This year, more cases of violence against women and girls have been referred from the police, charged, prosecuted and convicted than ever before. The work undertaken by the Crown Prosecution Service and the police on rape and domestic abuse culminated in the highest volumes ever of prosecutions and convictions in 2014-15.
In the West Mercia region, in which my constituency is located, we have seen the rape crisis go up this year to 700 from 400 cases. Can my hon. and learned Friend assure me that we are doing everything we can to make sure that these people are prosecuted?
CPS West Midlands has a specialist rape and serious sexual offences unit in recognition of the increasing volume of rape and serious sexual offences reported. CPS West Midlands has increased the size of the unit and the team continues to work very closely with the police, victims groups and the independent Bar to ensure that strong cases are built and witnesses looked after.
I am grateful to my hon. Friend for that question, and let me assure him that when it comes to the prosecution of rape and serious sexual offences, it applies equally to men as to women. Boys, of course, can also sadly be the victims of sexual abuse. Sentencing guidelines, of course, draw no distinction of gender, and neither should the investigation or prosecution of offences.
Despite claims of the highest number of convictions ever, the fact is that in the last year the number of convictions for rape, domestic abuse and other serious sexual offences has fallen. What is the Solicitor General going to do to turn those worrying figures around?
I think the hon. Gentleman means that the rate has fallen slightly. I think it important to continue to prosecute more and more of these cases. For too long, many victims have found that their cases have not even been brought to court. Looking at the analysis of rape convictions, I am encouraged to see that the number of convictions that have not been brought because of a prosecution failure is reducing, so drilling down and looking at the reasons for the non-convictions is very important. We have to continue progress in that direction.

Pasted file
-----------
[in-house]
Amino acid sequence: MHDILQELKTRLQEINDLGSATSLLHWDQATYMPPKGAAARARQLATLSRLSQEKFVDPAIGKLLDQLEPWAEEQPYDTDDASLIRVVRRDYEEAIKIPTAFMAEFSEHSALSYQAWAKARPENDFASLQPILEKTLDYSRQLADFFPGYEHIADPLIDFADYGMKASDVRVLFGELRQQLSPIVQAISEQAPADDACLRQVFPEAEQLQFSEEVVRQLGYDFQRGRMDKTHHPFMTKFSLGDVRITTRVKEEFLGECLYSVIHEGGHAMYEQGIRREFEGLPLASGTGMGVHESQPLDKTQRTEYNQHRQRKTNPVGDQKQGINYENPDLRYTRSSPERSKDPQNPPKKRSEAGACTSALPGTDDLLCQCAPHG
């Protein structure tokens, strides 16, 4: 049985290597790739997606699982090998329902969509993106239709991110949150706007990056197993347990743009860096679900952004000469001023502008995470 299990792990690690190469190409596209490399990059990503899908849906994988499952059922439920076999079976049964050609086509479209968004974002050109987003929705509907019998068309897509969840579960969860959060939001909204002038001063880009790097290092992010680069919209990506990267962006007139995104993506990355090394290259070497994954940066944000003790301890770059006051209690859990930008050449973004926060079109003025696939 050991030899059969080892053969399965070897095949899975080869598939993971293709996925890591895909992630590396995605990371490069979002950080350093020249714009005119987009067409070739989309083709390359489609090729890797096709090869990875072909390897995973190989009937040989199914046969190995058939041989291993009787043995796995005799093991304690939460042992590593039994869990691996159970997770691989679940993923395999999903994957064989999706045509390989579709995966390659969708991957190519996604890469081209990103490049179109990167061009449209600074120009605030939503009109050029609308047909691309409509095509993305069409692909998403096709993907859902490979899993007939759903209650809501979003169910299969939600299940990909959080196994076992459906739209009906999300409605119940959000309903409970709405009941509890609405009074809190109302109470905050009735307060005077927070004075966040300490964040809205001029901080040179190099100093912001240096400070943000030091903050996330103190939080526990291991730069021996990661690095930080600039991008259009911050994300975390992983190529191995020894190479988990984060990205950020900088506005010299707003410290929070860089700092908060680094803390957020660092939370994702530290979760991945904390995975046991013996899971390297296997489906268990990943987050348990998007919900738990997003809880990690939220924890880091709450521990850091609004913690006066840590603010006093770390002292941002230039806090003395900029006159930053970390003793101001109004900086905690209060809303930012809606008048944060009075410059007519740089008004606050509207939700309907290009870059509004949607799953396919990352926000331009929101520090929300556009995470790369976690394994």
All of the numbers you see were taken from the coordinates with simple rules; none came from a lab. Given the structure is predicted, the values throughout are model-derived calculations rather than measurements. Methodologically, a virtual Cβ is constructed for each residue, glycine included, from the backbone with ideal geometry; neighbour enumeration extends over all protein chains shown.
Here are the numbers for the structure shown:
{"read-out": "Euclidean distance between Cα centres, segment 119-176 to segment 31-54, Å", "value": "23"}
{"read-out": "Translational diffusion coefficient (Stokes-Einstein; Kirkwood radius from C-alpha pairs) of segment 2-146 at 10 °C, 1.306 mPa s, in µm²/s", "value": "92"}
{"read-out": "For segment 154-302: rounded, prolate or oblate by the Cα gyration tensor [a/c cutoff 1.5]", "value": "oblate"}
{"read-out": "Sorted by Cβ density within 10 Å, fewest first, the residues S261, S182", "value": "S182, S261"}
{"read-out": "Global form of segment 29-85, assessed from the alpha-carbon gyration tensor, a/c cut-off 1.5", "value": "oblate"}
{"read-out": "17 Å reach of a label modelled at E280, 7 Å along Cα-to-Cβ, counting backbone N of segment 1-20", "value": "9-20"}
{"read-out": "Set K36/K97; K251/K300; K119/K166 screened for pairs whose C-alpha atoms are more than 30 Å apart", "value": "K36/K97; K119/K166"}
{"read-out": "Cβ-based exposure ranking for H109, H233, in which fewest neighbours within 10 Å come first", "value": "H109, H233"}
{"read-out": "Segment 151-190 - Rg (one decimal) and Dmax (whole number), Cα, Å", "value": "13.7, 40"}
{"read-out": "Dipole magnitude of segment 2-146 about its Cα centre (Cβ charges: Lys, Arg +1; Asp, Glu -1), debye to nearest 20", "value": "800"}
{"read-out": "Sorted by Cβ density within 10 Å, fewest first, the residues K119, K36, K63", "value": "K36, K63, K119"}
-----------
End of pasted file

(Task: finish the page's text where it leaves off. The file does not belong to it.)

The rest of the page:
Successfully prosecuting rape and domestic violence cases clearly requires a properly resourced CPS, yet the budget has been slashed by 25% since 2010 and the rate of ineffective and cracked trials owing to prosecution issues is at a five-year high. With senior respected personnel leaving and expressing grave concerns, do the Solicitor General and the Attorney General really believe that the CPS can sustain more cuts on the same scale and still deliver justice?
I am afraid that the hon. Lady is in error when she suggests that the number of ineffective trials is at an all-time high. As I have said, the number of cases being prosecuted continues to increase, and there is no question of prosecutions not being brought because of a lack of resources. Rape and serious sexual offences units are well resourced, and they will continue to be resourced by the CPS.